Follow Slashdot stories on Twitter

 



Forgot your password?
typodupeerror

Slashdot videos: Now with more Slashdot!

  • View

  • Discuss

  • Share

We've improved Slashdot's video section; now you can view our video interviews, product close-ups and site visits with all the usual Slashdot options to comment, share, etc. No more walled garden! It's a work in progress -- we hope you'll check it out (Learn more about the recent updates).

×

Comment: Re:Facebook Sensitivity...eh. (Score 1) 80

by dmgxmichael (#49054181) Attached to: Facebook Adds Legacy Contact Feature In Case You Die Before It Does

I hear that Facebook has a sensitivity team that responded to that guy who wrote a blog post when the "Year In Review" displayed a lot of pictures of his daughter that died from cancer during the year. (Apparently, Facebook was terribly insensitive in doing that or something...*)

So, it's not terribly surprising that Facebook would address something like this. Especially since the internet hasn't really had the chance to process what it means to have so much digital information on someone online yet. For instance: I received a friend suggestion on Facebook for someone who died last year. We weren't close, but I was sad she passed.

What does that mean if you don't have someone assigned as a legacy, then? Can you report the page as someone who's passed? Do you need to provide proof? What if that system gets abused and locks up people's pages because trolls think it's funny that you have to prove you're still alive in order to access your page?

*No, I'm not mocking the guy for having lost his daughter; guaranteed someone will interpret this statement that way. I personally think it's weird that said blog post became a "thing" on the internet as someone with a downgraded version of the same situation (put our dog to sleep in December; her pics came up a lot in my YIR...which, I know is hardly the same as losing a child to cancer, but if I were to scale it down, I wouldn't have called Facebook "vaguely insensitive" for that. Still miss my dog, though), as if somehow Facebook has the AI to discern exactly enough context from posts to make a perfect and not emotionally damaging YIR for everyone.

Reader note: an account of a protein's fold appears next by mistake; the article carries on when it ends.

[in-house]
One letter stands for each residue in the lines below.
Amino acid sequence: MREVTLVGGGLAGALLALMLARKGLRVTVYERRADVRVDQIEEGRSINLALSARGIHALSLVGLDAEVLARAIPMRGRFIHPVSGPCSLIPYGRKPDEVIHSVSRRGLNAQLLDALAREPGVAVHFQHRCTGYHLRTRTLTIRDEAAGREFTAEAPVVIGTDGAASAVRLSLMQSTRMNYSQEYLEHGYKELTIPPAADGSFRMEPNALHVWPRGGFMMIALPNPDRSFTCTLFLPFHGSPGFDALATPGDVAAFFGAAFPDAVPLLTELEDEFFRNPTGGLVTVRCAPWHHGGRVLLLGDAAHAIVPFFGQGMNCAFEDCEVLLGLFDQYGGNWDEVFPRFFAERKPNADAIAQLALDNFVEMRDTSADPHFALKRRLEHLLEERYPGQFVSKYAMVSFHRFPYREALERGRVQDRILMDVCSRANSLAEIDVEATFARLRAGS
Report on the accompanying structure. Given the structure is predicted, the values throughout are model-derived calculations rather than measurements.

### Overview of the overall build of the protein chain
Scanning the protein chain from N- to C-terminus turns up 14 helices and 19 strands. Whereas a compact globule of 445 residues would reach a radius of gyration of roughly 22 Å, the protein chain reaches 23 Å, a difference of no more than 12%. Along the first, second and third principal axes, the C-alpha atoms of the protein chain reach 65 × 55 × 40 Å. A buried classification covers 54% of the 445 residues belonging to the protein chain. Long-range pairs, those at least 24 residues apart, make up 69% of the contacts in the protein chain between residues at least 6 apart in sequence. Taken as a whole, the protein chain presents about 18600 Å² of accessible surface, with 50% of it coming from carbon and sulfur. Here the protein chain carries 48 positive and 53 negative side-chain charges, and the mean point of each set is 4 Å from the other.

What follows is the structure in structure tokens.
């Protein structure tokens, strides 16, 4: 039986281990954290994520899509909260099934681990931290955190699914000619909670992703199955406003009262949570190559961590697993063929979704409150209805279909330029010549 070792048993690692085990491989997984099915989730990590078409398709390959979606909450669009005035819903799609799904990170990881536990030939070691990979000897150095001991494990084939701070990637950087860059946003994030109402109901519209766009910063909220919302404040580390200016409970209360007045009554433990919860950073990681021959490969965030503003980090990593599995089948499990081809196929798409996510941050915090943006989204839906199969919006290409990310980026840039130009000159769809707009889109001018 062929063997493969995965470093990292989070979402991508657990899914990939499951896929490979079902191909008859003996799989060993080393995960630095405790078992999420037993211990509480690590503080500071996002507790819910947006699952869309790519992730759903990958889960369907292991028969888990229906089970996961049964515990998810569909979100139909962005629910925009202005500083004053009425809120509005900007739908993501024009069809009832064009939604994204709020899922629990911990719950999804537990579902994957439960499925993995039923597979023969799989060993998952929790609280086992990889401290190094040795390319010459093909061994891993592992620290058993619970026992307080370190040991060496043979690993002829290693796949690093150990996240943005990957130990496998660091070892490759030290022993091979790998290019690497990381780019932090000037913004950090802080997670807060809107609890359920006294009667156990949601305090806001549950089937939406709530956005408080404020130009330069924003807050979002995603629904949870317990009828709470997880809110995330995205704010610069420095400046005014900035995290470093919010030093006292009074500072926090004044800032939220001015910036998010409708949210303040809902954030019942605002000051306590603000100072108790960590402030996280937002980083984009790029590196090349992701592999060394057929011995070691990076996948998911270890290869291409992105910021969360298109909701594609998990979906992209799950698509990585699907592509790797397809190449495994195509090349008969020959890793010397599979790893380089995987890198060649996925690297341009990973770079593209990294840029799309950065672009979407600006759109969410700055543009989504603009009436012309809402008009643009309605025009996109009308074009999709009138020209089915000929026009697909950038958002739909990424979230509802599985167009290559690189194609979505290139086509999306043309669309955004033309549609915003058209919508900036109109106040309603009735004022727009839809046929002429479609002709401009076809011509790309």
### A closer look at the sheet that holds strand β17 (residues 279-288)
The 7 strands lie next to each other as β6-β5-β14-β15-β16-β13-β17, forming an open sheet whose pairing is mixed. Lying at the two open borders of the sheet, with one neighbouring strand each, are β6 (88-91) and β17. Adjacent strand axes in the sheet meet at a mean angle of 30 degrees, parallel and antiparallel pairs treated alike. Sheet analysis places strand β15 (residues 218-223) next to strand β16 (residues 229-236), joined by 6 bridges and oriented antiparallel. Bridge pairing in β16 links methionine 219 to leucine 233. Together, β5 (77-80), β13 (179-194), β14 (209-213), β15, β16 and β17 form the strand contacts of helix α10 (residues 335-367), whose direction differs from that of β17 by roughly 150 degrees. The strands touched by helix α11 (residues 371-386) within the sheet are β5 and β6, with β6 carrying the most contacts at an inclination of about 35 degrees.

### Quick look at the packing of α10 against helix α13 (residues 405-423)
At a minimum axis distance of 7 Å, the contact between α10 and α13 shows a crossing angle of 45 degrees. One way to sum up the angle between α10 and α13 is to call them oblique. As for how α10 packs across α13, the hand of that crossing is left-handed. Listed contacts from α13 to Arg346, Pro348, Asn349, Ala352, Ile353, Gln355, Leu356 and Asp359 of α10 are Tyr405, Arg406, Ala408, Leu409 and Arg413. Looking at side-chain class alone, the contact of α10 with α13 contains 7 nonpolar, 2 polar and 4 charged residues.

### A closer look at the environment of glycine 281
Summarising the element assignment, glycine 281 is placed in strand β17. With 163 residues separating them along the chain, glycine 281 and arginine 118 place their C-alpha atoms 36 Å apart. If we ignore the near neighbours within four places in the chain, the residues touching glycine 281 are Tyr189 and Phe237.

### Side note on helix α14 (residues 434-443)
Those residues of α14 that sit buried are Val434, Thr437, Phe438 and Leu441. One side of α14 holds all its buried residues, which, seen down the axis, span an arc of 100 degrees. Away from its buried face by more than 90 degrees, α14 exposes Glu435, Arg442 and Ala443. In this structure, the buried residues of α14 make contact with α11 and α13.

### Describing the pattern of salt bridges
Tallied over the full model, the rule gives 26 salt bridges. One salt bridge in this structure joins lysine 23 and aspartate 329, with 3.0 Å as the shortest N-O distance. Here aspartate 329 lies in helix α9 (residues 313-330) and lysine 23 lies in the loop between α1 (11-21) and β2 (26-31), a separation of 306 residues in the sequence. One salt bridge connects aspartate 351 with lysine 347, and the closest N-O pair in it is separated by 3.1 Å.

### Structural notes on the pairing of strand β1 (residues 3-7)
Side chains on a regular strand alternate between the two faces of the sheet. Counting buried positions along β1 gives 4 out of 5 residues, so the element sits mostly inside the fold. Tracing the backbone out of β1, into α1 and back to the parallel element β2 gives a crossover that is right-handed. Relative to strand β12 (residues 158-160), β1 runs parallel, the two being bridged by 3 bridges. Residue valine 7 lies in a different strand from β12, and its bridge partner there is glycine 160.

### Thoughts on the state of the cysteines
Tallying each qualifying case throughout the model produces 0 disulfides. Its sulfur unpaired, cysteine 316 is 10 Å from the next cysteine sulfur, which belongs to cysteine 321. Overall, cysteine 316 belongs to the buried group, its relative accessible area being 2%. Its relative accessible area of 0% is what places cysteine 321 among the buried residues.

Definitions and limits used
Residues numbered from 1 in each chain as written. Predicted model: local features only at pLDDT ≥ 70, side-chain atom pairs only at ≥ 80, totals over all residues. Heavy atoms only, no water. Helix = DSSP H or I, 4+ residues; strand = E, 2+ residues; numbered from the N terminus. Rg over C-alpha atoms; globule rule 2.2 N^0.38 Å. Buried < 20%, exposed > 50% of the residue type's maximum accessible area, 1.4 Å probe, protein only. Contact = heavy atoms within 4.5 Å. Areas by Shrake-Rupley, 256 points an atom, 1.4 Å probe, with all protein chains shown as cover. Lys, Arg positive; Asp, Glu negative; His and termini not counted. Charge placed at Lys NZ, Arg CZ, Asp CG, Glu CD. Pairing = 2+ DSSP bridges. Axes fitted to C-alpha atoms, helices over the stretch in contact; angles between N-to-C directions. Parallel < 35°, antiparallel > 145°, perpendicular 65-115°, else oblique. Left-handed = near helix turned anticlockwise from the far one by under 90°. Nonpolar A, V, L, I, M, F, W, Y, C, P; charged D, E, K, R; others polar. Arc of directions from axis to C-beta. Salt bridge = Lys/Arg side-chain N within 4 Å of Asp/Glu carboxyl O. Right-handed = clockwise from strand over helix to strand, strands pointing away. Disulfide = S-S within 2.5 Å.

They could actually do that if they gave us something other than "Like" to show support. - like condolences, sympathies, or some such that shows support for the person but doesn't comment upon the situation itself (or even implies that the situation is negative).

Comment: Re:Idaho already has 80MPH (Score 1) 525

by dmgxmichael (#48498249) Attached to: Montana Lawmakers Propose 85 Mph Speed Limit On Interstates

Truck speed limit is 70. Some cars/trucks still go 65. No major problems I'm aware of, and in these more sparsely populated states, I think a valid change.

Don't know about the cars, but most corporate owned semi-trucks are governed to between 65 to 68 depending on company (and I'm sure a couple have the governor set higher, but that's the usual range).

Comment: Of course there will be... (Score 5, Funny) 171

by dmgxmichael (#48435931) Attached to: Windows Kernel Version Bumped To 10.0

It will be interesting to see if this causes any software comparability issues with legacy applications.

Of course there will be - in any large pool of people of any calling there's going to be morons - the sort of morons that sniff the OS version string for things like "Windows 9" and then assume it's Windows 95 or 98 and refuse to work; instead of using the proper channels to query for the OS version number.

As a PHP programmer I can testify that morons can indeed program. I'm one of them.

Comment: Re:Ads (Score 1) 319